By Lisa Shackelford
The trade show has ended. You have returned to business-as-usual, bringing with you exhaustion, excitement and most importantly, your leads. So now that you have new leads in hand, where do you begin following up with them?
Chances are, throughout the course of the trade show, many potential clients seemed excited about your products, were in the market to buy your type of products, and got to know you and your company better. Does that translate into attendees making a mad dash to their phones the minute they get back to the office? No. You will need to follow-up. Hear are some processes that will help you organize your lead follow-up plan.
- Have a designated point person. Decide before the show who will be the person in charge of the leads. Preferably, assign this to someone who will not attend the show, since employees that are attending will be playing catch-up when they first return from the show, and the leads may get pushed to the side for later. If the point person is not attending the show, he or she can begin implementing the follow-up process before the show is over.
- Contact your most qualified leads within 24-48 hours of the show. Follow up with all leads within a week.
- Before the show, train booth staffers on how to properly qualify potential leads. Teach them what your criteria is for a qualified lead and what questions to ask booth visitors. This will not only allow you to focus your follow-up efforts more efficiently, but this will also give the person following up useful information about the needs of the potential customer.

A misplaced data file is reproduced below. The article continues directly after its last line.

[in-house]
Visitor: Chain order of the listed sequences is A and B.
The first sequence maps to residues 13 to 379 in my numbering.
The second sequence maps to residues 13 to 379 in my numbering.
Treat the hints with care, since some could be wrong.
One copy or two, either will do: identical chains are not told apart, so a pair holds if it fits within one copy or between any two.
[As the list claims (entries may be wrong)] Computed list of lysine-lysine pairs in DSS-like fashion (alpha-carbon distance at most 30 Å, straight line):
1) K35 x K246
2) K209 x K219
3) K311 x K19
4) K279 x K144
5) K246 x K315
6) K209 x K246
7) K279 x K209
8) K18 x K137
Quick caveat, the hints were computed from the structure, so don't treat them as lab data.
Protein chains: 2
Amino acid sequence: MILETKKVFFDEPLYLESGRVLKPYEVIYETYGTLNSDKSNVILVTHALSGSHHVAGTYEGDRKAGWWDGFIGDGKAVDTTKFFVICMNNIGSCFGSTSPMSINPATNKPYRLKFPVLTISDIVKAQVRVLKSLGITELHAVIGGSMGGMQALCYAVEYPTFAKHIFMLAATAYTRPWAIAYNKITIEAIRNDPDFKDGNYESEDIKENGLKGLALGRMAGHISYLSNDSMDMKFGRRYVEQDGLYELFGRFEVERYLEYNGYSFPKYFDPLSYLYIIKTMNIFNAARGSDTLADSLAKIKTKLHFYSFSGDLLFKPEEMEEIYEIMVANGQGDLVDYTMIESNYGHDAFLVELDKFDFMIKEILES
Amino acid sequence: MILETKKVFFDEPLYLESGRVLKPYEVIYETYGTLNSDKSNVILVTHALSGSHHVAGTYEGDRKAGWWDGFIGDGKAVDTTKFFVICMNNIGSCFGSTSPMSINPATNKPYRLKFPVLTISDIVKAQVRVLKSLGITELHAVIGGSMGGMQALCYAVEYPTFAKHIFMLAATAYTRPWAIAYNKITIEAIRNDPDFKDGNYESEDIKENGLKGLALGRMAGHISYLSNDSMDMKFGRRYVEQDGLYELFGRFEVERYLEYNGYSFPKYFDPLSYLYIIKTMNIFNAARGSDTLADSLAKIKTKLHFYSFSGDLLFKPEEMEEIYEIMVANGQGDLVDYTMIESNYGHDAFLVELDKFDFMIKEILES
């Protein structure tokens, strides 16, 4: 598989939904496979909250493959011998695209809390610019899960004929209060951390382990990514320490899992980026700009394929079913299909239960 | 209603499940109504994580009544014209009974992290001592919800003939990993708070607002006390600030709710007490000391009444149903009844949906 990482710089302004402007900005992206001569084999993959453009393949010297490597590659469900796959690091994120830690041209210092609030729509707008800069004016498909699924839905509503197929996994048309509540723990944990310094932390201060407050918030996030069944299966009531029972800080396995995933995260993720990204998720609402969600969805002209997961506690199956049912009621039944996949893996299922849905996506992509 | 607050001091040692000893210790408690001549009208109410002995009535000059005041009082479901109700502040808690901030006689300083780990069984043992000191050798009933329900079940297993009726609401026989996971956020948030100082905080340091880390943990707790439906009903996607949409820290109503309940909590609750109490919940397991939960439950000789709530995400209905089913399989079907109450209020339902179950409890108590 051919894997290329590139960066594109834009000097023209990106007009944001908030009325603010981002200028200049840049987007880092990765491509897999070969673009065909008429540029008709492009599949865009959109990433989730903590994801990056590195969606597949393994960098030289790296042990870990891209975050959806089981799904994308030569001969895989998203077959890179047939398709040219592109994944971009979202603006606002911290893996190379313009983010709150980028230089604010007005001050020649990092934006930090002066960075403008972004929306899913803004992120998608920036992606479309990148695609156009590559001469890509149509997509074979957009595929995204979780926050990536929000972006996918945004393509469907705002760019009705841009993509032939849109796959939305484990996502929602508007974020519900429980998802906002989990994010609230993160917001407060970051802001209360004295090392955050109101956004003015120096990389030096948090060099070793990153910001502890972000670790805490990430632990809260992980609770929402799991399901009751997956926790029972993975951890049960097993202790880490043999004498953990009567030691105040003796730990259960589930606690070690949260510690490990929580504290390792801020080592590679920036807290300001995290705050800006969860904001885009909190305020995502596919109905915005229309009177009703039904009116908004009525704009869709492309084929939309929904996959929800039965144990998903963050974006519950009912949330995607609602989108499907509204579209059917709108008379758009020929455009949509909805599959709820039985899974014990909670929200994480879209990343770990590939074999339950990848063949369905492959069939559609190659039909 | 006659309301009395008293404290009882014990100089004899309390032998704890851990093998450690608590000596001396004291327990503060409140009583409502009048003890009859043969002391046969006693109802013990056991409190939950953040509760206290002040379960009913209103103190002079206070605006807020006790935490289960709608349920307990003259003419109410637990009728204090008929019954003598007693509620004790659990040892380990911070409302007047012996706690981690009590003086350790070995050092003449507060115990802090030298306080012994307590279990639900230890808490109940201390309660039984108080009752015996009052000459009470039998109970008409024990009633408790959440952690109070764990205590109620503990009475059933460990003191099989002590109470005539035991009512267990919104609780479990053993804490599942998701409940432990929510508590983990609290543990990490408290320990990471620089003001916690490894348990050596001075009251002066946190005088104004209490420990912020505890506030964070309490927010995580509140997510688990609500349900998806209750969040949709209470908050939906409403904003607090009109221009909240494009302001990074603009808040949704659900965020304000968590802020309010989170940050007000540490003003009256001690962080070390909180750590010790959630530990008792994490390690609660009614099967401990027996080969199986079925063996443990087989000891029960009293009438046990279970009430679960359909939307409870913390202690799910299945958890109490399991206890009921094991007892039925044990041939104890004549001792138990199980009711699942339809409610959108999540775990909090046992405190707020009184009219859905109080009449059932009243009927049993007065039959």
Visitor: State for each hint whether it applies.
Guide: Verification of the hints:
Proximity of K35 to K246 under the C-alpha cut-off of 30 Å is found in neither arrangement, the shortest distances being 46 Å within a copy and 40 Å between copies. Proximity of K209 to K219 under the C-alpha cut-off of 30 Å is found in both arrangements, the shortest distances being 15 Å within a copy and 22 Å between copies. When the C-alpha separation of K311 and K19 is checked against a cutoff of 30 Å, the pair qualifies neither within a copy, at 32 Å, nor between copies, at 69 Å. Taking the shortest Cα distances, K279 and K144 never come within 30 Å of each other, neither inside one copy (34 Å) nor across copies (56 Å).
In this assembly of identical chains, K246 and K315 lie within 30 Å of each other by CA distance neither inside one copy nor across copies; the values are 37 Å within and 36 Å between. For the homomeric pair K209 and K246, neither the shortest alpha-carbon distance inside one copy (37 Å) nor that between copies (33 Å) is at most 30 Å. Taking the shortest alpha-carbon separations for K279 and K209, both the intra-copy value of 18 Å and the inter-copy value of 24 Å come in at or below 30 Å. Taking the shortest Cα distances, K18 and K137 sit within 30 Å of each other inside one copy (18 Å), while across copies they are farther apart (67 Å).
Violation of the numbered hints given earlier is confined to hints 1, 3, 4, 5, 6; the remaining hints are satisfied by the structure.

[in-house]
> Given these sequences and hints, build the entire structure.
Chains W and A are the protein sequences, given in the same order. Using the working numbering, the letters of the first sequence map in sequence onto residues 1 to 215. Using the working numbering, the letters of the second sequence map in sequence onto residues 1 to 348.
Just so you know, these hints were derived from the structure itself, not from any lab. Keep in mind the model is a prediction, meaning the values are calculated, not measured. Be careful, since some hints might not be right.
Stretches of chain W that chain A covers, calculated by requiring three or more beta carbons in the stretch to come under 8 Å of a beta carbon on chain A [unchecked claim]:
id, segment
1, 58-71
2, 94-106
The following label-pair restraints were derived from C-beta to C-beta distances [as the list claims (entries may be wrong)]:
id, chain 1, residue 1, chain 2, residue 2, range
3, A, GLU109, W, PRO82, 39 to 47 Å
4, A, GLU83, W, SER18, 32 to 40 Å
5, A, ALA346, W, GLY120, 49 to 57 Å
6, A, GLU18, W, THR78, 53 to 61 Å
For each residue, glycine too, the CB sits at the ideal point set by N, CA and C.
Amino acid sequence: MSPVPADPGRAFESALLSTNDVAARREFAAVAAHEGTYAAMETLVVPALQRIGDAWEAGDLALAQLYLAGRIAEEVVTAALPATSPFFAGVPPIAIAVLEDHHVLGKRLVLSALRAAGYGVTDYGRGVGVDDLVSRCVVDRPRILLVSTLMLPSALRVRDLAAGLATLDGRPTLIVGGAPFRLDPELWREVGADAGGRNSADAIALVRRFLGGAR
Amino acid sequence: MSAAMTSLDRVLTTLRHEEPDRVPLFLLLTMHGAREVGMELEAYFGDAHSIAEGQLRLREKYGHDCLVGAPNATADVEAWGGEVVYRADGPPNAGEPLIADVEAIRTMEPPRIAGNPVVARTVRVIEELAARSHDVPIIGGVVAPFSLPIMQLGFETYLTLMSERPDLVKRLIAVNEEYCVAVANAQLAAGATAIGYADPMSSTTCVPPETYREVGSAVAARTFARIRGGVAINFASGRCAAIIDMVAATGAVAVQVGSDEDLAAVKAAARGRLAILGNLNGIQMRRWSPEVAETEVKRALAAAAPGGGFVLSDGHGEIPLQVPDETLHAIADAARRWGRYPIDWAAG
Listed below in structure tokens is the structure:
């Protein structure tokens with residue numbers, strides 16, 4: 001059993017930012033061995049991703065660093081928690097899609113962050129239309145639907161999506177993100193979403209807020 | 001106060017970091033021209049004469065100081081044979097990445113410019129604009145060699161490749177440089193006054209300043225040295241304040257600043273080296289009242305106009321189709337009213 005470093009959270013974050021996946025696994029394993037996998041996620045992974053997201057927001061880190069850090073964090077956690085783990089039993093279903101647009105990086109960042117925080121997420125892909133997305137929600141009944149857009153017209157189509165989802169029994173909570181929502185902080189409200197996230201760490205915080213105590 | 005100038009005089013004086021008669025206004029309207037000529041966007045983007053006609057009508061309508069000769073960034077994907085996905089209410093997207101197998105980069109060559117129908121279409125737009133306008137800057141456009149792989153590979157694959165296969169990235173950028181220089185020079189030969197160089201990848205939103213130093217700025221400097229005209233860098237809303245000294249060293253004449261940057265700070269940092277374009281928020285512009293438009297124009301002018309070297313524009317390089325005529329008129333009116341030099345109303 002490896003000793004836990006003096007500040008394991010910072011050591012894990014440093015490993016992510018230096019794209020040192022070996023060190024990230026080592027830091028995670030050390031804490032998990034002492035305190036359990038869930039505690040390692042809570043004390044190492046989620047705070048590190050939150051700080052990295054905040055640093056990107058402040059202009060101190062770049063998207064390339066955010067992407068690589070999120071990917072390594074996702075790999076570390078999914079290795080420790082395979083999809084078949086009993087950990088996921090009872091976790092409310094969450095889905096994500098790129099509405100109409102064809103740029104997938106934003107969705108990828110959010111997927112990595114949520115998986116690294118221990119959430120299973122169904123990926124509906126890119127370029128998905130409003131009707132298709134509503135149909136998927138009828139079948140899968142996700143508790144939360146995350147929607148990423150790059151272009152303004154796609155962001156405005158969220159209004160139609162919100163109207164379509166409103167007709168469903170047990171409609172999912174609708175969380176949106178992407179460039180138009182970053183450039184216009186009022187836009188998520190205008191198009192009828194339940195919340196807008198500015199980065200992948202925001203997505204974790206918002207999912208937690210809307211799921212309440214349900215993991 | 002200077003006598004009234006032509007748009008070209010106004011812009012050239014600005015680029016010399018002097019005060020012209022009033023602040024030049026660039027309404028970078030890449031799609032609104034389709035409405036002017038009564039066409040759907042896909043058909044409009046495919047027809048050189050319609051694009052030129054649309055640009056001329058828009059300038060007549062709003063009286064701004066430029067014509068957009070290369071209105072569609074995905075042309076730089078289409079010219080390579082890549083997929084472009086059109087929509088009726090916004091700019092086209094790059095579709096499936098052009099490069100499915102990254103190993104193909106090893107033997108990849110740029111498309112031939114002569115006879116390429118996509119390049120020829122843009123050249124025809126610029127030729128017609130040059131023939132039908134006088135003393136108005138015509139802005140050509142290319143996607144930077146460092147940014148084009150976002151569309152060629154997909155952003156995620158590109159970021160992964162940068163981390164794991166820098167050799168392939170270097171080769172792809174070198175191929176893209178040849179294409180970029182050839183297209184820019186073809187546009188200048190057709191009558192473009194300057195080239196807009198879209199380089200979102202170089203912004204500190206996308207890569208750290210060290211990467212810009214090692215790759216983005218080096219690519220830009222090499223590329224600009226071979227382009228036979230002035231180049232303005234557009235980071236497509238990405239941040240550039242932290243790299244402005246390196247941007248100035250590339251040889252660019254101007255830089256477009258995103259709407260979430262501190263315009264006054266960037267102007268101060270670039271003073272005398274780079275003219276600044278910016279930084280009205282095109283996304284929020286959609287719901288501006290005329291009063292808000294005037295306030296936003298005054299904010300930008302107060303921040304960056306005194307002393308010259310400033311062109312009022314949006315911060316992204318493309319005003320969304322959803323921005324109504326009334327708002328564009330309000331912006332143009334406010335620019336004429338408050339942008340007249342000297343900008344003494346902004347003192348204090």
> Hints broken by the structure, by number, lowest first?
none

- Create a lead generation form that contains pertinent qualifying information. Lead forms do not have to be paper-based; you can create one on a tablet or laptop. Computerized lead capturing also ensures that leads are legible and information is less likely to be incorrect or misread.
- Call your leads in order of priority. Have a system of coding that prioritizes leads by follow-up priority. You can use a color system, a numerical system, alphabetical, etc. A coding system keeps the leads organized and ensures that leads that are hot are being addressed first.
- Have a follow-up plan in place before the show begins. The plan should include how you will divide up the leads, what methods you will use to reach them and what will be the tone of your message. Different types of leads will call for different tones, so make sure to tailor your plan to include different strategies for different types of leads.
Following up with your trade show leads in a timely, organized fashion ensures that you are talking with your hottest prospects when your meeting is fresh in their minds. The goal of your trade show appearance is to generate new customers, and the key to moving trade show leads along in the sales process after the show is following up with potential customers quickly and methodically.
Lisa Shackelford is the Marketing Coordinator at FB Displays & Designs, Inc.
By Lisa Shackelford